All this suggests that the claim that a binational Israel-Palestine can’t be peaceful and democratic is misconceived. Israel-Palestine is already binational. The more equal it becomes, the more peaceful and democratic it is likely to be.
WHAT MIGHT the political system of an equal Israel-Palestine look like? Post-apartheid South Africa created a bill of rights and a strong constitutional court. Building upon those precedents, the Palestinian American commentator Yousef Munayyer suggested last year in Foreign Affairs that a future Israel-Palestine might enshrine a set of individual rights that it took 90% of the legislature to overturn.
That’s a good start. But, in one crucial respect, Israel-Palestine could not look like post-apartheid South Africa because South Africa is not a binational state. Although apartheid leaders did their best to promote ethnic and racial divisions, the ANC—which included white, Indian, and mixed-race South Africans in prominent roles—never saw itself as representing a separate Black nation, but rather the South African nation. When South Africa became a democracy for all its people, it didn’t have to add a hyphen to its name.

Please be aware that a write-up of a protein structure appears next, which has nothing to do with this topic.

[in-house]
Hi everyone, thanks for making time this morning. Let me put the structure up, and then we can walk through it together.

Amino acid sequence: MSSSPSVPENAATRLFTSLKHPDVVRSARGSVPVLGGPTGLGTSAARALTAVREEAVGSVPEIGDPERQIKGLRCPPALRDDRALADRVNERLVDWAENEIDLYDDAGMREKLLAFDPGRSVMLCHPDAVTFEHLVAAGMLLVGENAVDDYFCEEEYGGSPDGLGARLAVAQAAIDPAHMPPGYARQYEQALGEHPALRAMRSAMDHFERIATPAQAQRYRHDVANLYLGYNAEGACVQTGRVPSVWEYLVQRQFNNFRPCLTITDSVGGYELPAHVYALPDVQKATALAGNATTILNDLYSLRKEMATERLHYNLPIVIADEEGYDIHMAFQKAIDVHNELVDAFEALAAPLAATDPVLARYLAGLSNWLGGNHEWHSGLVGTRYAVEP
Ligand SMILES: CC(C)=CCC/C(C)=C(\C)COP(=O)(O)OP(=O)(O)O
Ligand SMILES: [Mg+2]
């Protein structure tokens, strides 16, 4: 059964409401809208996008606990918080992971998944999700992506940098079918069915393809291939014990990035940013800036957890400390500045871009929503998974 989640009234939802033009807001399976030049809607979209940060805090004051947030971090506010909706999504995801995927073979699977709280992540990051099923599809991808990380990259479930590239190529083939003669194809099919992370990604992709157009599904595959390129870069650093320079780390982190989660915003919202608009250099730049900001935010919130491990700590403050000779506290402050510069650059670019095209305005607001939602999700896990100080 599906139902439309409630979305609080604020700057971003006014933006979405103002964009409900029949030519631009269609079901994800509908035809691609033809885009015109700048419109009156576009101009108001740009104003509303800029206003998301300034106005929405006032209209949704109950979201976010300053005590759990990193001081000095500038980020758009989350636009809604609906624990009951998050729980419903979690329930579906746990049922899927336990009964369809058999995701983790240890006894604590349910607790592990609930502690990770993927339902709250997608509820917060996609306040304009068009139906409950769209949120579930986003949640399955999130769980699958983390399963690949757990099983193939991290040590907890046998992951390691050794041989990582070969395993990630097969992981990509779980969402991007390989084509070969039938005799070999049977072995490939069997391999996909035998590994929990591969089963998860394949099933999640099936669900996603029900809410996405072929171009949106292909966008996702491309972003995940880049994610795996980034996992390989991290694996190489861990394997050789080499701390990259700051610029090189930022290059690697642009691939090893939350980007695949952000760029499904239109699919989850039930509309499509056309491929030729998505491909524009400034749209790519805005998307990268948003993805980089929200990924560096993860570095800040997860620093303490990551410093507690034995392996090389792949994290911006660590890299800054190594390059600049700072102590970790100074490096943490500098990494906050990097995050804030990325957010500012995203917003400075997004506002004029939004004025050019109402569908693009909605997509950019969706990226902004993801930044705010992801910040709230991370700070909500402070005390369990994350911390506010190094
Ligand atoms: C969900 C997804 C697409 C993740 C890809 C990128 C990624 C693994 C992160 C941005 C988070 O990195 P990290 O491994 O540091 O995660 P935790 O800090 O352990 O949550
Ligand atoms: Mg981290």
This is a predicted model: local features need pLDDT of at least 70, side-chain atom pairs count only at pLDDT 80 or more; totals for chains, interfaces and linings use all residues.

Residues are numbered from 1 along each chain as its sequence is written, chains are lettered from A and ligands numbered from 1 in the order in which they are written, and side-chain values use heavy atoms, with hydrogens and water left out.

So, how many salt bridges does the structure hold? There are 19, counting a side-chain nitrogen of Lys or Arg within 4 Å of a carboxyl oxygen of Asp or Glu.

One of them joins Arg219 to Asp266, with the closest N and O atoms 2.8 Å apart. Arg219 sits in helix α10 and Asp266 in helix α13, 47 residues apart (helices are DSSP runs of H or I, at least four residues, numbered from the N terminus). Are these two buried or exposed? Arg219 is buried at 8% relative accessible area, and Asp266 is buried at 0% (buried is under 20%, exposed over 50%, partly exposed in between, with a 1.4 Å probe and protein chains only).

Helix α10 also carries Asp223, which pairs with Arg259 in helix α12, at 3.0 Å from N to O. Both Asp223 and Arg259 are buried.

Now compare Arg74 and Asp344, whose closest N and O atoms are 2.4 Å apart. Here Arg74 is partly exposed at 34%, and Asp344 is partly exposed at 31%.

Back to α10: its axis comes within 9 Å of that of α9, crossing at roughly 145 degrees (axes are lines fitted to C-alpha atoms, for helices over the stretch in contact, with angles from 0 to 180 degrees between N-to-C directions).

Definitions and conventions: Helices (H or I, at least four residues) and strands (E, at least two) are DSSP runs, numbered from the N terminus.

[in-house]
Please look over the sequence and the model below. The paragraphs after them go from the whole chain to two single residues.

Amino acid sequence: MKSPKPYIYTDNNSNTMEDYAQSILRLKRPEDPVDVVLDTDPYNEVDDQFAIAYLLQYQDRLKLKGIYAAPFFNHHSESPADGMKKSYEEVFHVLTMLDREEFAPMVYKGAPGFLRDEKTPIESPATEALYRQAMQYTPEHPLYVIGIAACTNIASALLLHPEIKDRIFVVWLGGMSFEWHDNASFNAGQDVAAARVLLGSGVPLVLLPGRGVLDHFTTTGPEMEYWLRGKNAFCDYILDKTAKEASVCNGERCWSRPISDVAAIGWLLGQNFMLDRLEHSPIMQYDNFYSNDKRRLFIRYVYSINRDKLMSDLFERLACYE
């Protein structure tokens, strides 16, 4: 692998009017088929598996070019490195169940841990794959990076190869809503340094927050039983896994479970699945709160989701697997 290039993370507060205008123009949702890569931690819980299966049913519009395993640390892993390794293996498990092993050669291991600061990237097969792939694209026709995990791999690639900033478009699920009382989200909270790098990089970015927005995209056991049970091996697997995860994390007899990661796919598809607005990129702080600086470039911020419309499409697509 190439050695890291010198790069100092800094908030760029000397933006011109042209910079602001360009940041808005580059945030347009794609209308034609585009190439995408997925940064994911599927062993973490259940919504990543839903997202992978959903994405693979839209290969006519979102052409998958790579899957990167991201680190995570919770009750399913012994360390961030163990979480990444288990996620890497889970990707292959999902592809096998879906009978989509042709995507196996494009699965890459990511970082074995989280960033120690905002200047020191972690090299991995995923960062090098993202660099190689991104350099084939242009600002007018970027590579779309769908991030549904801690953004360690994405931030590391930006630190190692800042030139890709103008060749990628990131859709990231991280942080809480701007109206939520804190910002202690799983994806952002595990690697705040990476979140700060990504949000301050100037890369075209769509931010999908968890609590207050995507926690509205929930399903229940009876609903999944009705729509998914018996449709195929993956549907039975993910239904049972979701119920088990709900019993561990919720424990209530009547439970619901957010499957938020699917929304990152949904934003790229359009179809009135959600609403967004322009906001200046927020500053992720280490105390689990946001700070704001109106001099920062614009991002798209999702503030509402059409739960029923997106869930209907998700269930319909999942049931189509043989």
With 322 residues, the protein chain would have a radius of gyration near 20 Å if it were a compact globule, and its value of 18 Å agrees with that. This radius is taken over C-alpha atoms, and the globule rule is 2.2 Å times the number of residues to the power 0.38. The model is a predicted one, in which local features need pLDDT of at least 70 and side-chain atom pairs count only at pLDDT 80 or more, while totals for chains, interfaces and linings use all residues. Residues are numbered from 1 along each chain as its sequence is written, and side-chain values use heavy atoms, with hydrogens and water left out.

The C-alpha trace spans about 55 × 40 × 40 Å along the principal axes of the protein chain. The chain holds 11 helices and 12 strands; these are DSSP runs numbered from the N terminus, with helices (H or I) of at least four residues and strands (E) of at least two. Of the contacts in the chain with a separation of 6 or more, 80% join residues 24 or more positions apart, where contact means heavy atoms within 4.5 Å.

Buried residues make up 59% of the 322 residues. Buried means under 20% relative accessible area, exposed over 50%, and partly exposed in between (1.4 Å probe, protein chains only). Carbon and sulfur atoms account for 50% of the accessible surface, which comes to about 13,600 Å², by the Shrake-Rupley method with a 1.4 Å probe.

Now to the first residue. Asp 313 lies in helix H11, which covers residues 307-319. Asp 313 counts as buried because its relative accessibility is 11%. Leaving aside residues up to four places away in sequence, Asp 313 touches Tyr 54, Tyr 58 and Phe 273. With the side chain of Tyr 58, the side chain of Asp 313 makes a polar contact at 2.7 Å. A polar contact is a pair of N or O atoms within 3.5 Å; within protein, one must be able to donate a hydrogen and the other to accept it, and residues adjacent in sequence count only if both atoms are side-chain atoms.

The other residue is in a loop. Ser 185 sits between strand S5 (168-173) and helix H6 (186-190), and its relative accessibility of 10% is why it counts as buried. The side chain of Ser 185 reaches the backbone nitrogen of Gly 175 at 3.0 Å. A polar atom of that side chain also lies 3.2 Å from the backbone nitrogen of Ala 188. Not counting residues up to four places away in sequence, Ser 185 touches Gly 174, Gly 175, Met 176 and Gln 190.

Israel might. In Israel-Palestine, there is Jewish national identity and Palestinian national identity, but no Jewish-Palestinian national identity, at least not yet. When the editors of the progressive journal +972 Magazine searched for a single, inclusive name to describe the one state between the river and the sea, all they came up with was an area code.
As a binational state, a democratic Israel-Palestine would need to protect not merely individual rights but national rights as well. Here, Belgium and Northern Ireland are better models. Binational Belgium delegates enormous power to its three regions—one composed mostly of Dutch-speaking Flemish, one composed mostly of French-speaking Walloons, and one linguistically mixed—as well as to “community governments,” which represent Dutch and French speakers no matter where they live. If 75% of either Flemish or Walloon representatives in parliament oppose important legislation, they can block it. In Northern Ireland, the two heads of government are chosen, respectively, by the largest Catholic and Protestant parties. Key parliamentary decisions require substantial support from representatives of both communities. These cooperative—or “consociational”—forms of government are not always pretty. Between 2010 and 2011, it took Belgium a record-breaking 589 days to form a government. Still, the academic evidence is clear: Divided societies that share power work far better than those that don’t.